But after considering all of the factors, Tarul, a senior guard who has scored more than 1,000 points for St. John’s Prep, decided to stay home and play for the Fordham Rams.
Last Wednesday, Tarul was surrounded by family, teammates and coaches when she officially signed her letter of intent to Fordham. The Bronx native said it was the “best decision I ever made.”
“I love everything about the school. I love the staff, I love the team,” she said. “I think it’s a really good fit for me. I think I’ll do really well there.”
Tarul said a big factor in choosing Fordham was knowing that all of her supporters, including her parents, would attend games and support her along the way.
“I knew if I went far away, I wasn’t going to have a lot of people at my games,” she said. “That would’ve been rough for me because my dad and mom have not missed a lot in my life. I just needed people around me.”
The senior guard already has high expectations when her college career begins. She said she hopes to win four championships with Fordham and win at least one Player of the Year award. Looking ahead, her goal is to play basketball overseas and in the WNBA.
Reflecting on her time at St. John’s Prep, Tarul said the Astoria school shaped her into who she is today, both as a student and as an athlete.
“They set me up perfectly for my future,” she said. “I couldn’t be more ready for it.”
At the letter-signing ceremony, St. John’s Prep athletic director Danial Levent praised Tarul for representing the school “in the highest possible fashion.”
He noted that out of all high school student-athletes, only 2 percent end up playing in college. Out of that group, only 1 percent receive a full scholarship, which Tarul achieved.
“It’s an amazing accomplishment,” he said.
Levent said Tarul showed a work ethic that was “bar none the highest I’ve ever seen in a student-athlete.” He said she went to math tutoring before school to keep her grades up, went to practice and was a regular at the weight room, and sometimes stayed for extra practice with the boys varsity team.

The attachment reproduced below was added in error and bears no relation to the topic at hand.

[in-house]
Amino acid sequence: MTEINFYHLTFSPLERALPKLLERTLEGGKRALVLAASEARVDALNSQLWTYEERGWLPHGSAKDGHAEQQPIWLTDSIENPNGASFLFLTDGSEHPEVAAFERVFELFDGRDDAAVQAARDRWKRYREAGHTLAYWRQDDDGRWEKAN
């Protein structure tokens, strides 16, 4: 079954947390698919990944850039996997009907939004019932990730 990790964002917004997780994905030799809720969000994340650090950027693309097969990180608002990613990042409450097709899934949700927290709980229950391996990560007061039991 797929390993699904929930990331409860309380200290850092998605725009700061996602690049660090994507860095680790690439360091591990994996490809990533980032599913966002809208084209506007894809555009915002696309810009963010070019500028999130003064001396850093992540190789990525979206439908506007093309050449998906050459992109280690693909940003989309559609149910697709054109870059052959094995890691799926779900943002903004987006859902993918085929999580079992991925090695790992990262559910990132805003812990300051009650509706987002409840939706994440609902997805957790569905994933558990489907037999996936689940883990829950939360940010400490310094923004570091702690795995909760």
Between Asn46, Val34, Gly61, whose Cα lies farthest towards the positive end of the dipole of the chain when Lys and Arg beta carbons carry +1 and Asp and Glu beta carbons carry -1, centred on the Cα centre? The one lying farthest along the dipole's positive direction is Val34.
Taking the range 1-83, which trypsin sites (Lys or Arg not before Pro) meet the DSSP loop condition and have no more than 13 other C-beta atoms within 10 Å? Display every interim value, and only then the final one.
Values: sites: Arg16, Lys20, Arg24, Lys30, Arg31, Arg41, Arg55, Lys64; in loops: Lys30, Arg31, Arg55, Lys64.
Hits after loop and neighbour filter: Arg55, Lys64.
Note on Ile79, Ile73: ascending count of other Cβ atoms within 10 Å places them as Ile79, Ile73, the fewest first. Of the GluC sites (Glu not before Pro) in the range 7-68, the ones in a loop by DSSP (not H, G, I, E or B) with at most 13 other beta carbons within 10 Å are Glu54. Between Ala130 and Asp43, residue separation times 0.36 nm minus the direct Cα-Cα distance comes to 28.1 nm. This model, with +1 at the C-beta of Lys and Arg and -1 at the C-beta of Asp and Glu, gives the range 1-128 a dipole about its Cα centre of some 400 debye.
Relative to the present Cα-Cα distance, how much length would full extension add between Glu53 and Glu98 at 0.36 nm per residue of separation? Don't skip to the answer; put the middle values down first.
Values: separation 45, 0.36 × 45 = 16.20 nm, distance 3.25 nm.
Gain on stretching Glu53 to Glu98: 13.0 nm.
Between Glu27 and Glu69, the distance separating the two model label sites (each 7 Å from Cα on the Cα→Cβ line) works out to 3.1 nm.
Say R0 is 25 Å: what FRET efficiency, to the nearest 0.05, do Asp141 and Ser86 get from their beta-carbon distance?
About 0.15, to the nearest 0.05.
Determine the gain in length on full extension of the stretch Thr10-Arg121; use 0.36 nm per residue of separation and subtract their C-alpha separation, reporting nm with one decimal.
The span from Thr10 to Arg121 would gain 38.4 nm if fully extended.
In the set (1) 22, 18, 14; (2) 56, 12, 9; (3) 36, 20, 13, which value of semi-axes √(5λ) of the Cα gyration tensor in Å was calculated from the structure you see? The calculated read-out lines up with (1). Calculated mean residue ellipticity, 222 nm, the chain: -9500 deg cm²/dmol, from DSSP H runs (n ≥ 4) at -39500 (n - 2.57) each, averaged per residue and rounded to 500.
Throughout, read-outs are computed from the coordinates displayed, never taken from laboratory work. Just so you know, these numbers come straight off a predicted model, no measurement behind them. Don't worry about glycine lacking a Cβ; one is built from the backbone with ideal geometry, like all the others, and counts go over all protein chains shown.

“She has that intangible quality of keeping her eyes on the prize,” he said. “She had the vision the last four years and trusted herself, her coaches, her family, her teachers, everyone.”
Girls varsity head coach Michael LoCascio recalled first seeing Tarul play when she was in the fifth grade. He was coaching a team during a tournament at 110th Street and Amsterdam Avenue in upper Manhattan, and she played against them, dropping 35 points at just ten years old.
“She lit me up like a Christmas tree,” he said. “Nobody does that in the fifth grade.”
After that performance, LoCascio said he had his sights on coaching her in the future. An assistant coach with Christ the King’s girls varsity basketball team for 15 years, LoCascio later became the head coach at St. John’s Prep, and eventually revitalized the program with Tarul leading the way.
Two years ago, St. John’s Prep won the city championship in the A Division in the Catholic High School Athletic Association. They were then bumped up to the AA Division.
According to LoCascio, Tarul is the first player from St. John’s Prep under his tutelage who is now headed to a Division I college basketball program.
“They come along once every ten years,” he said, describing what made Tarul a special student-athlete. “The work ethic, the grades, how she compliments her teammates, how she takes responsibility even when they’re wrong.”
LoCascio choked up while speaking in front of Tarul’s family and friends at the letter-signing ceremony. He said as a coach, he becomes attached to the players to the point where they become like his own children.
“You see them more than you see your own children,” he said. “You grow this attachment, then the day comes when you have to say goodbye.
“It just hit me all at once,” LoCascio added. “Sometimes you can’t hold back your emotions.”
The St. John’s Prep coach said he will have front-row seats to Tarul’s college basketball games at Fordham. He offered her some advice before she advances to the next step in her career.
“Keep the same work ethic, never get bigger than the moment, never get bigger than your teammates,” he said. “You’ll do just fine.”
Tarul said she was nervous but excited to finally sign her letter of intent. She beamed after making the commitment to Fordham official.
“As an athlete, this is something you work for your whole life,” Tarul added. “This is what I’ve dreamed of my whole life.”